Condoms do actually protect women from contracting wart-causing human papilloma virus (HPV) which is the leading cause of cervical cancer. Women whose male sex partners use condoms consistently and correctly decrease risk of HPV infection by 70%, according to University of Washington researchers Rachel L. Winer, PhD, and colleagues.

According to American Cancer Society, protection from HPV by condoms may not be complete, but the protection it can offer is substantial particularly to women.

And while that condom use is not an absolute guarantee that you will not have STD, neither is a person's abstinence or fidelity to partner can be absolutely guaranteed as well. To think that in 2007, there are approximately 33.2 million people worldwide living with HIV, and more than 2 million people dying from AIDS and that, according to the Philippines' Department of Health, there are already 2,250 HIV infections reported, 30% of which have already become full-blown AIDS, isn't about time that the Church reconsider its stand about the use of condoms and other artificial birth control methods for the sake of saving their people from a health disaster?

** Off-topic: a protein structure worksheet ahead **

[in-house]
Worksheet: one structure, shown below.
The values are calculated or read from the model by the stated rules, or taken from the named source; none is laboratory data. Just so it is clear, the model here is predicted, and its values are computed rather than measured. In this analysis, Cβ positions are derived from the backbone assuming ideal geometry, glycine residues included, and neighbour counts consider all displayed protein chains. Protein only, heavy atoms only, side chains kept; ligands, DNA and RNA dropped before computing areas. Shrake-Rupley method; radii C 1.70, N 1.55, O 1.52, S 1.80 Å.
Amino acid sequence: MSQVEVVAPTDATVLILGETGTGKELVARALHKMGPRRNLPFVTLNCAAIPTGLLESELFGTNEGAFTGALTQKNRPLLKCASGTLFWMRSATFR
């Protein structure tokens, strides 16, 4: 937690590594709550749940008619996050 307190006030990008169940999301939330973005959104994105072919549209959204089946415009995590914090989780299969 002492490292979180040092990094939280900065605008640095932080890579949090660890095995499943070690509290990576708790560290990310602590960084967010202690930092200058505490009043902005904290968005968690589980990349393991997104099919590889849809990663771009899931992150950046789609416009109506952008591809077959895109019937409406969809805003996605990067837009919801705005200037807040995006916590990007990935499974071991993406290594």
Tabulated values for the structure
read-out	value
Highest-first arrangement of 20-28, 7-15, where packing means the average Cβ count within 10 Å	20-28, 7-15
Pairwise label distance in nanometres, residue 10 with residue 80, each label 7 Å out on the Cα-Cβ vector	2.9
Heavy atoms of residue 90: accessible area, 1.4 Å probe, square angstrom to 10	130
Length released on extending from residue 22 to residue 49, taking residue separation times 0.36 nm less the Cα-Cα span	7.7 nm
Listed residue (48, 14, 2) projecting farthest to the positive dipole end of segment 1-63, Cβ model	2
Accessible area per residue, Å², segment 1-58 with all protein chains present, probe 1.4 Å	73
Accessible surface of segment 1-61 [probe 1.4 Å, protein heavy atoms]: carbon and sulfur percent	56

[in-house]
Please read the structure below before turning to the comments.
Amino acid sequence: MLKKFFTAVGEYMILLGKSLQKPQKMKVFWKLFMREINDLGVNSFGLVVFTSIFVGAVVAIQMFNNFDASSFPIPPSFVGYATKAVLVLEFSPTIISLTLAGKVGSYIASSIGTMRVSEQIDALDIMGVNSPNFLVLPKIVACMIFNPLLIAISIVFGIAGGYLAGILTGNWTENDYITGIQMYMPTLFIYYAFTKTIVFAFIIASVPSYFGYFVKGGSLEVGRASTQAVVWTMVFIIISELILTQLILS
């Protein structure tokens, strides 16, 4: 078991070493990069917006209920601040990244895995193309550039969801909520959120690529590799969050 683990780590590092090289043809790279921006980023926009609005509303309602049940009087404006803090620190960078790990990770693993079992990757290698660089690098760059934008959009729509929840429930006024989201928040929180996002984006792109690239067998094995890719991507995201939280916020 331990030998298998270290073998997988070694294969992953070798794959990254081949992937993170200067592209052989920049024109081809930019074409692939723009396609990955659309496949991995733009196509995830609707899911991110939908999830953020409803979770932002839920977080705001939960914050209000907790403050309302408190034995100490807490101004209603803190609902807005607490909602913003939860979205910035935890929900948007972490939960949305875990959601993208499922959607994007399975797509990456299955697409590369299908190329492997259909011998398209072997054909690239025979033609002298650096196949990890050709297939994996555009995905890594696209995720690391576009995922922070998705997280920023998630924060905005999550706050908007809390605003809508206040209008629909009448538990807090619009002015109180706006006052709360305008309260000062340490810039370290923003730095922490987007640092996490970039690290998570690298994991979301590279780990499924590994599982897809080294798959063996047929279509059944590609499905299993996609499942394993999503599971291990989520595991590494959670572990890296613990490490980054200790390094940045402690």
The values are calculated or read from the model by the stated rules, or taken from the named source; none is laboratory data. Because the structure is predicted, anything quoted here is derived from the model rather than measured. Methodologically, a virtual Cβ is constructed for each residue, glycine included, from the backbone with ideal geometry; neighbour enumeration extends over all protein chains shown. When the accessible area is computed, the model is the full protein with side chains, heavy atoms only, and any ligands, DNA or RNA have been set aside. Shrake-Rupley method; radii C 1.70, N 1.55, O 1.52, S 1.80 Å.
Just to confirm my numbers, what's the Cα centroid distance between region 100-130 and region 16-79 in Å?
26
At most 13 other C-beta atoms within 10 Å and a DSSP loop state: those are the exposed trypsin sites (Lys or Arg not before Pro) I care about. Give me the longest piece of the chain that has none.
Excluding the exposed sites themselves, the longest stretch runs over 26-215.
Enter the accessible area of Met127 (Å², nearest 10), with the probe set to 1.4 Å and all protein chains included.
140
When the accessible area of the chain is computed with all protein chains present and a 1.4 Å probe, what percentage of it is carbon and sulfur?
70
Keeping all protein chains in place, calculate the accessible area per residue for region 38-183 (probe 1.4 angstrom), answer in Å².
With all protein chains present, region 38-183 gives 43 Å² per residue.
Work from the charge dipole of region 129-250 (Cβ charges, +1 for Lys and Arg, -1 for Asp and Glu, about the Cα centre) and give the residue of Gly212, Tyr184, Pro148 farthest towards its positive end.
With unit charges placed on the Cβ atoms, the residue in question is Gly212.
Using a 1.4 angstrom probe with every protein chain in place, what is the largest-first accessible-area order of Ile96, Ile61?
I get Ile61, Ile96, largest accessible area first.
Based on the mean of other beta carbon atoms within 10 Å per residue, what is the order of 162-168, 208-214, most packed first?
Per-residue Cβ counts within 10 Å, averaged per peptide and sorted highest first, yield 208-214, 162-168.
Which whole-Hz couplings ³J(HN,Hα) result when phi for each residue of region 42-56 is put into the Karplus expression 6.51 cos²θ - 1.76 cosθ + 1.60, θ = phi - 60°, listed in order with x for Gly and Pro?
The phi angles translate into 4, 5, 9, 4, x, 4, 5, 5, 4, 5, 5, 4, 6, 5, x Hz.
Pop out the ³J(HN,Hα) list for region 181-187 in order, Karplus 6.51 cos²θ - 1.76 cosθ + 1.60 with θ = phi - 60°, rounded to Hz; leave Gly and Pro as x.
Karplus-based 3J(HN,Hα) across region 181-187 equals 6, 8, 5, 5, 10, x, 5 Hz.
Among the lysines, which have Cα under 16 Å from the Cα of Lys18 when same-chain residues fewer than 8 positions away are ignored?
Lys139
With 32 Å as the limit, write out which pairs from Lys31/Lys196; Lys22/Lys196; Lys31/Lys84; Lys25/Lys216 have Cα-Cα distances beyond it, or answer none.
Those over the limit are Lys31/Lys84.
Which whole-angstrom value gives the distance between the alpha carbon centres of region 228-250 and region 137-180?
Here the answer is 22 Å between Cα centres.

"Whatever objective it may have", even for the sake of doing good to the health status of the country, it will not budge. Sounds ominous.

And the government should not let religious advocacies interfere with its function to implement national health-saving policies. But it already had done so, unfortunately: